GoldenEye (1995) | MGM Pictures

One good Bond film deserves another, and the first James Bond film to feature cyber (to the best of my knowledge) also featured telecommunications. After all, there is no cyber without telecom.  When a deadly satellite weapon system falls into the wrong hands, only Pierce Brosnan’s Agent 007 can save the world from certain disaster. Armed with his license to kill, Bond races to Russia in search of the stolen access codes for “Goldeneye,” an awesome space weapon that can fire a devastating electromagnetic pulse toward Earth. Wow, energy, telecom, and cyber all in one film, what more could a technophile want? Talk about cyber-physical connections!

Hackers (1995) | United Artists

An 11-year old boy is arrested by the U.S. Secret Service for writing a computer virus that caused a 7-point drop in the New York Stock Exchange and that caused 1,507 systems to crash in one day (is that all?) He’s banned from using a computer until his 18th birthday. Years later, he and new cyber hacker friends, who include elite hacker Angelina Jolie (known as Acid Burn), discover a plot to unleash a dangerous computer virus. They must use computer skills to find the evidence while being pursued by the Secret Service and the evil computer genius behind the virus. The film offers a huge teaching opportunity: white-hat hacking, friendship, collaboration with government, a great STEM platform, along with a few lessons on what not to do re breaking the law at any age.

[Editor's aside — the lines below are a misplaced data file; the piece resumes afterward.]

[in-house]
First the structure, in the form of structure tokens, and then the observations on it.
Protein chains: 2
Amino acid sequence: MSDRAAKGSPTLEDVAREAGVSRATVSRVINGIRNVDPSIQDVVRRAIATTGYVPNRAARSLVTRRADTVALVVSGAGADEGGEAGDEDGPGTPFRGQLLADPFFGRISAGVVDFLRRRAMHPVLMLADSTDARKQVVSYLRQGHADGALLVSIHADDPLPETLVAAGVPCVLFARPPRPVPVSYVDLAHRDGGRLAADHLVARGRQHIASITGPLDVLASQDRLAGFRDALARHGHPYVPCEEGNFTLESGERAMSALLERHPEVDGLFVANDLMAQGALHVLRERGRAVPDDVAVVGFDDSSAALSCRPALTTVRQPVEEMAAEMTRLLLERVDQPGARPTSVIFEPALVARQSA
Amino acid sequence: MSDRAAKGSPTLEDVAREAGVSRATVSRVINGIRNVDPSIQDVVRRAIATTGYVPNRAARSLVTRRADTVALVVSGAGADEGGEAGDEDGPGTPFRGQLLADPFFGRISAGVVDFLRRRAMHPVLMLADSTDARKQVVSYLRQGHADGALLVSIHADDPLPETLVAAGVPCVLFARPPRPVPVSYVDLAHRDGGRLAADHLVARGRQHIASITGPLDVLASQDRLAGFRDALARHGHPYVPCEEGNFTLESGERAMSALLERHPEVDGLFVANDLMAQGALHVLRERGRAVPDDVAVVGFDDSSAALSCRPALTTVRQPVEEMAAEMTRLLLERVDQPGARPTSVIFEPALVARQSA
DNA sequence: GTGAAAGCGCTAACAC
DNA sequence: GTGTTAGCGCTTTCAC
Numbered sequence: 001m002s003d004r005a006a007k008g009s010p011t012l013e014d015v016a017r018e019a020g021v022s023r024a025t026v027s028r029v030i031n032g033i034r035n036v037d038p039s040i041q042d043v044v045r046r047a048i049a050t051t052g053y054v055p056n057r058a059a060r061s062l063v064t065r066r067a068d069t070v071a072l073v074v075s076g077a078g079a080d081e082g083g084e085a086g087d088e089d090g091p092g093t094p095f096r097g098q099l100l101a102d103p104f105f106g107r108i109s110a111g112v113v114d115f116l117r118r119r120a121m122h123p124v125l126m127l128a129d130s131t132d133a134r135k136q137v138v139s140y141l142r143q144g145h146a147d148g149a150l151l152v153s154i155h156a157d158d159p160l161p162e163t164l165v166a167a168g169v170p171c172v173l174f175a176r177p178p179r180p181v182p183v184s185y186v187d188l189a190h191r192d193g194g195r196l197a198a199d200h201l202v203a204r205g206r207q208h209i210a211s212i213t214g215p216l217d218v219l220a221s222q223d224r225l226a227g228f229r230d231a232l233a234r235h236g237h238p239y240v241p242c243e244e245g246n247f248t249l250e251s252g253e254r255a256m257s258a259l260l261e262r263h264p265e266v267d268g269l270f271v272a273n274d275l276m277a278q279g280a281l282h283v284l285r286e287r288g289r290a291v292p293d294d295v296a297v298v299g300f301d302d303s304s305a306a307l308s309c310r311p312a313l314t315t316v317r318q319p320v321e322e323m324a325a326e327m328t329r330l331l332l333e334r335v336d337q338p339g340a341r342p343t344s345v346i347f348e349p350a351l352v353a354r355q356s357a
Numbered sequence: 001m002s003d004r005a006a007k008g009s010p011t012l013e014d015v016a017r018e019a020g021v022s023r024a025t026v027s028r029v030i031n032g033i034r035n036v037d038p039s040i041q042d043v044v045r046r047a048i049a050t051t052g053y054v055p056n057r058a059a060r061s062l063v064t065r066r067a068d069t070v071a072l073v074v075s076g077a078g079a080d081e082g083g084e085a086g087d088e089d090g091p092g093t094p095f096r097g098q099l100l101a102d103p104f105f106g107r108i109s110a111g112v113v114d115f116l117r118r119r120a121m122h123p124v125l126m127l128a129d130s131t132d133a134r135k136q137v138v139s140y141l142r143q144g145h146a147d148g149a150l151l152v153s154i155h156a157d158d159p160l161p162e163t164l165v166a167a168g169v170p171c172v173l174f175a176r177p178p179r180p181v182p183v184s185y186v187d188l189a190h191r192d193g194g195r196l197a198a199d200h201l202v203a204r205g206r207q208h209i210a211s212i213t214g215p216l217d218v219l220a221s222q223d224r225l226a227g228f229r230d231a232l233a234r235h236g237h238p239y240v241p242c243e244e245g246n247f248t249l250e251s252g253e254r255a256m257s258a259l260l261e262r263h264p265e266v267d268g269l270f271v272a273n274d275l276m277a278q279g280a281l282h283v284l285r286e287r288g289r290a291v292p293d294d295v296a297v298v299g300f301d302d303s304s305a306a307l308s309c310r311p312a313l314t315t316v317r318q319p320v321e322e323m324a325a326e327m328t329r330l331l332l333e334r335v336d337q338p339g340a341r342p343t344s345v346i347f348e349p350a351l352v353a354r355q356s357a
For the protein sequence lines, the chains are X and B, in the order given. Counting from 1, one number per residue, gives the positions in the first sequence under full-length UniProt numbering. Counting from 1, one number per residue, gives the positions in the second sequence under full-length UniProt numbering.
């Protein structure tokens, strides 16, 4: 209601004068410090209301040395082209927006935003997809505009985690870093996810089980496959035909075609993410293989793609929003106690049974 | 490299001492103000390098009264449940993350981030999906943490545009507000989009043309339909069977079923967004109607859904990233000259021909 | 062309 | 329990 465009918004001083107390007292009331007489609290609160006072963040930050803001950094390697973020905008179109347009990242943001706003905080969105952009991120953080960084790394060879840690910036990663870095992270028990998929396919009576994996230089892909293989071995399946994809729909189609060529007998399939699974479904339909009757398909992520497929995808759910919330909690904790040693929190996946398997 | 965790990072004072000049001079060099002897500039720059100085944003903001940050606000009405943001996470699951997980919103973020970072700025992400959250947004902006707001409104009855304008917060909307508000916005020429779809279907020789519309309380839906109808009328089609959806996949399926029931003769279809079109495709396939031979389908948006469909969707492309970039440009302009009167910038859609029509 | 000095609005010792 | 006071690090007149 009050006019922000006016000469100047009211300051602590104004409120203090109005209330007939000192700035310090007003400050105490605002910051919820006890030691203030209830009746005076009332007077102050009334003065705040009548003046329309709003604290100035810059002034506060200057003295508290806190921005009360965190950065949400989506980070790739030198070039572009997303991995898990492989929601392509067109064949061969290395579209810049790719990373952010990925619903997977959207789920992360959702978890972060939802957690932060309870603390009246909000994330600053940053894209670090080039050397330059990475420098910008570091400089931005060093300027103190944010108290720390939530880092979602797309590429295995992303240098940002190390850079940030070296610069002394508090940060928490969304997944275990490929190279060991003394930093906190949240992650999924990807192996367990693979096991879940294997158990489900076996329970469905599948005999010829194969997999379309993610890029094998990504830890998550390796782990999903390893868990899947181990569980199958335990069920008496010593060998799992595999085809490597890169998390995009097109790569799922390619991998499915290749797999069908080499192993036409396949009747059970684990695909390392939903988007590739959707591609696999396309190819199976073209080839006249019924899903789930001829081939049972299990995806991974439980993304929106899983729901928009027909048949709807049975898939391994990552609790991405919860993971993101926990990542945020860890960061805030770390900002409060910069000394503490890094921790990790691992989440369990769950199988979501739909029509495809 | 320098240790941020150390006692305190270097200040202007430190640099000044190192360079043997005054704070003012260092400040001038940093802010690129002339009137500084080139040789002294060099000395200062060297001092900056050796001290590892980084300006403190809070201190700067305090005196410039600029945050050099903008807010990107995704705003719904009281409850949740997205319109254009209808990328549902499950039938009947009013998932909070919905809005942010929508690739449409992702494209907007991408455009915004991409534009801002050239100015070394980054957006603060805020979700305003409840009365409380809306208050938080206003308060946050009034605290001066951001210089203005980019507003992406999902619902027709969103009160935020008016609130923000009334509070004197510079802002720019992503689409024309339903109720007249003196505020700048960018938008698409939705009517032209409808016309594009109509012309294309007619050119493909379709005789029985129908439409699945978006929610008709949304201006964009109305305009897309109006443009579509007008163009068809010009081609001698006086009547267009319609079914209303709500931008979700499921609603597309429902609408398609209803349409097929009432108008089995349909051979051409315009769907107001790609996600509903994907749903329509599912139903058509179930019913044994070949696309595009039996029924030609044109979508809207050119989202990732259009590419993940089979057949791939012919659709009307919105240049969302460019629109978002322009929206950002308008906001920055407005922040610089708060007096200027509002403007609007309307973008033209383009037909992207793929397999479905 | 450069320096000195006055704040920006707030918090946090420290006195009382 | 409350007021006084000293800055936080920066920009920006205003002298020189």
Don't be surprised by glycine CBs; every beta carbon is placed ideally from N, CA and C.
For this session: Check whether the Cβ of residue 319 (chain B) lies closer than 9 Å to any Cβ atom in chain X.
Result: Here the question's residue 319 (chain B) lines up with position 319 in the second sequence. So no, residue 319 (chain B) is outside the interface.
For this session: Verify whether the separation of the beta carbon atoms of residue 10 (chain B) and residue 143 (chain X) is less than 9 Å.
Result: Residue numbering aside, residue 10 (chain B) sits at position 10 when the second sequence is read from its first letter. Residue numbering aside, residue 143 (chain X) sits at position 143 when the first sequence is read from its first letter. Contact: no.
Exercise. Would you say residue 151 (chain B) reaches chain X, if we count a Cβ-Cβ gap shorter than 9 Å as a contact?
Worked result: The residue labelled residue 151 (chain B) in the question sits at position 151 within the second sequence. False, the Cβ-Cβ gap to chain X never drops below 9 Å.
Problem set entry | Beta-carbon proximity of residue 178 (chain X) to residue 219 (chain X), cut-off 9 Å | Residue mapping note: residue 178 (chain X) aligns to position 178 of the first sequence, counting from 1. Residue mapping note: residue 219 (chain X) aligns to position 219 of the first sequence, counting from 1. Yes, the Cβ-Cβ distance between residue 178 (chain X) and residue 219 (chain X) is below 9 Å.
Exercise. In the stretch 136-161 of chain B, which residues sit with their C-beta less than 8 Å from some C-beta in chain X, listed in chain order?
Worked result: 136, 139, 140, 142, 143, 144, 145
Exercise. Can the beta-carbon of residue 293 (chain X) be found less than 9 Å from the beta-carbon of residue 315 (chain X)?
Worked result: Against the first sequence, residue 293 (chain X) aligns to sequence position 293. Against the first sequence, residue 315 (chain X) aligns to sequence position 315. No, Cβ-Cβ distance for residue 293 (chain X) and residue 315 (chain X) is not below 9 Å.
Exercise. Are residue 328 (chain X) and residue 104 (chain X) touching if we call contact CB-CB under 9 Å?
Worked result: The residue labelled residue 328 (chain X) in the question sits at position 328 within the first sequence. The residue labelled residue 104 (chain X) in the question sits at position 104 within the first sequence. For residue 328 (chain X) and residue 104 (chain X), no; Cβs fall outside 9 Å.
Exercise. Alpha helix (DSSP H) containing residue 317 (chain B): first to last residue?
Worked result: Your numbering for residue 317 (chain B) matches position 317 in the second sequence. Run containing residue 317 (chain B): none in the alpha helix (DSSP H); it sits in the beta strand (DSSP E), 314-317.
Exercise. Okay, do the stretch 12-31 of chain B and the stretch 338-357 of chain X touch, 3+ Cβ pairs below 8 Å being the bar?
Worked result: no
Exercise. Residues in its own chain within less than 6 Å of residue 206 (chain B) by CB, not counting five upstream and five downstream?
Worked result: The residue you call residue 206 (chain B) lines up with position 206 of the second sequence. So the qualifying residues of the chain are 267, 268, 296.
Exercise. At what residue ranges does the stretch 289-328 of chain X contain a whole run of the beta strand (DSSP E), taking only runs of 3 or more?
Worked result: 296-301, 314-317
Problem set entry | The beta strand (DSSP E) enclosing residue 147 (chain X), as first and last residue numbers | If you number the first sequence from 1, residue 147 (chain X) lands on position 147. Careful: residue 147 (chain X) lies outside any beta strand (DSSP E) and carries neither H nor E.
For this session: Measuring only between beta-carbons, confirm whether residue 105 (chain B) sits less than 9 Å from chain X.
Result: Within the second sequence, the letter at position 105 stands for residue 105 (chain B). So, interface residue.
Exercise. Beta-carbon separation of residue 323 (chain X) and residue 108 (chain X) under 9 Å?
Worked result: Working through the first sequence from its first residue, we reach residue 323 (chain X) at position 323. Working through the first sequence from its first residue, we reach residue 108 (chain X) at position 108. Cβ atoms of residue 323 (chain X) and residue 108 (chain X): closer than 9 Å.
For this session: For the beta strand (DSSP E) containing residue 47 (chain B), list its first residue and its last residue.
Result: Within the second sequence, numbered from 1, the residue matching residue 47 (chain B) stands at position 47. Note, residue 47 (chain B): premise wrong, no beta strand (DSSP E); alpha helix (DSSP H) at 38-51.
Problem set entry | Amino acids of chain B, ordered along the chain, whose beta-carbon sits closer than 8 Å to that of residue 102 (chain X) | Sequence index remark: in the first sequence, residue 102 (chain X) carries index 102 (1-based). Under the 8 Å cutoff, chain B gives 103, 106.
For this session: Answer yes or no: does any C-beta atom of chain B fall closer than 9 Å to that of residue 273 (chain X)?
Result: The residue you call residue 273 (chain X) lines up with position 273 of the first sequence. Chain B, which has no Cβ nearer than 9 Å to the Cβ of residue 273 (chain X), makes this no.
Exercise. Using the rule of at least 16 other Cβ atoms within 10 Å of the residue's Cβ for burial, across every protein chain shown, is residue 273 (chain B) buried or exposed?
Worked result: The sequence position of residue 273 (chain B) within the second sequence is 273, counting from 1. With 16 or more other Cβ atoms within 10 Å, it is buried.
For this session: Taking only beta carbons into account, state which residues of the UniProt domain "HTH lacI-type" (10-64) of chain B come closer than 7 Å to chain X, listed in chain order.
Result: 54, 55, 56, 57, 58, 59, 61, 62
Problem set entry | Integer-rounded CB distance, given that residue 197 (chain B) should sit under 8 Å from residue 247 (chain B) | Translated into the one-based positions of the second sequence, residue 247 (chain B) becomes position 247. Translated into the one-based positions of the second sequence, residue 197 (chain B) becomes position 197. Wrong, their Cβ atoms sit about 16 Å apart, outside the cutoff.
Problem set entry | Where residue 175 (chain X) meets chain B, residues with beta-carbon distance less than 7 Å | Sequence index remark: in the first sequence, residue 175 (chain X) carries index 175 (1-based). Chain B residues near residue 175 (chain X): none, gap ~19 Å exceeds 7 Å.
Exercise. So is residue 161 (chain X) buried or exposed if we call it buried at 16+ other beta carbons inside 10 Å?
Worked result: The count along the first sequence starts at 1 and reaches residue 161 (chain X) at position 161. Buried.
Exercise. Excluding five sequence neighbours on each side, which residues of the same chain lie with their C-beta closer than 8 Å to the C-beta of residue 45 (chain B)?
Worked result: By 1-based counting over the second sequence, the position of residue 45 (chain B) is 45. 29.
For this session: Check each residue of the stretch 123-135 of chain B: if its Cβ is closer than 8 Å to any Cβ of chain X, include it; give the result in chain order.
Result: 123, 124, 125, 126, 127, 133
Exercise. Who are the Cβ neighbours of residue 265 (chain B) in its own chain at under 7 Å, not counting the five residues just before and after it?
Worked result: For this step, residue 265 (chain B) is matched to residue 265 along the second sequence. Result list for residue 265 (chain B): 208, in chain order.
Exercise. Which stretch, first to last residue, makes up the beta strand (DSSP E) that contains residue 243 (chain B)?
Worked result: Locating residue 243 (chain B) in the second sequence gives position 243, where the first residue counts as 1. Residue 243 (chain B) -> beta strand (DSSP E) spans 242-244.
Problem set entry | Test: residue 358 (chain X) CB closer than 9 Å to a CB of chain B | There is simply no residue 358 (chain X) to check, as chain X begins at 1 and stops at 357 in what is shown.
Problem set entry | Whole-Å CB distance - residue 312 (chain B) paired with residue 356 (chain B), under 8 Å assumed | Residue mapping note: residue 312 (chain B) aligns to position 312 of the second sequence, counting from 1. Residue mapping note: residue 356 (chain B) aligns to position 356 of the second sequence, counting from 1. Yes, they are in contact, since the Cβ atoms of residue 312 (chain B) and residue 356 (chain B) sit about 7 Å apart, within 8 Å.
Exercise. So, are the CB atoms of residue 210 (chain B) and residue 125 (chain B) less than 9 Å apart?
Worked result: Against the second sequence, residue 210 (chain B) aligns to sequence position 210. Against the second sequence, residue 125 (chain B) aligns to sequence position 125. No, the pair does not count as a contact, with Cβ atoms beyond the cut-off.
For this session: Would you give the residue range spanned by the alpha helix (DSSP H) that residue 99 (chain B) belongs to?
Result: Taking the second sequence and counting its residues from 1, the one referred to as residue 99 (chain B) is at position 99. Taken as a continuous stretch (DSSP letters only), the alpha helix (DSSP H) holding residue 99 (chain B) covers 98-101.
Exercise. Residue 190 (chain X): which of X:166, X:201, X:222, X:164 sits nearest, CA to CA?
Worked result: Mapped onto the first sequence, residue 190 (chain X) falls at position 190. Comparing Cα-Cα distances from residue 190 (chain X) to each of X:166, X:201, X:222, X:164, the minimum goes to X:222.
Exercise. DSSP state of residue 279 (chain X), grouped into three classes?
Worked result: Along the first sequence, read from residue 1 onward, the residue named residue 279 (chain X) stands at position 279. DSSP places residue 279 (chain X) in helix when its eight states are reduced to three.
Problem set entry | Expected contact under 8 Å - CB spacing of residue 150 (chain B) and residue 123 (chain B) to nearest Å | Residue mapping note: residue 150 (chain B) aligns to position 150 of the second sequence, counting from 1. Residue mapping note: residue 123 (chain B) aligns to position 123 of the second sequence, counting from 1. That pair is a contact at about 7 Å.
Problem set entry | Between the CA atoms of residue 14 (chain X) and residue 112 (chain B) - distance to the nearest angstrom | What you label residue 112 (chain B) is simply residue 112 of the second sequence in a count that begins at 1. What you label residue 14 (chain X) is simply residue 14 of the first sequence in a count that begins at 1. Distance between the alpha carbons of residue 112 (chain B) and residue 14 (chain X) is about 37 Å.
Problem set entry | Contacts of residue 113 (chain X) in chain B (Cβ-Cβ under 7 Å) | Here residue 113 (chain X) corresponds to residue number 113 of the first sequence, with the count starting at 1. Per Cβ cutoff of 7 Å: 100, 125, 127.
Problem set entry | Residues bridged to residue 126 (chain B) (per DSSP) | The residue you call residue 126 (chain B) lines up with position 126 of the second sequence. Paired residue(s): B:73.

The Net (1995) | Columbia Pictures

1995 was a very good year for cyber flicks. Hey, three in one year was a lot for those days…and now. This film showcases girl-next-door Sandra Bullock, making her the pin-up, so to speak, for computer/tech geeks worldwide. Bullock stars as a software expert who becomes the victim of identity theft and is shoved into a life and death struggle in this tale of corporate espionage. Not only is this a great movie to highlight the dangers of identity theft, but it’s great stuff to use to help promote STEM education, especially to young girls.

And don’t forget:

Jurassic Park (1993) | Universal Pictures

More than 20 years later, its reptiles can still make kids and adults jump. A little scary for little kids, but for pre-and early teens the film introduces cyber action smoothly. Wayne Knight portrays the loathsome hacker who steals the DNA secrets of the Jurassic project… and gets paid for his deceit in blood. Although there’s only 5 minutes of cyber action, Netflix the movie for the hacker scenes and the 110 minutes of dino-mayhem.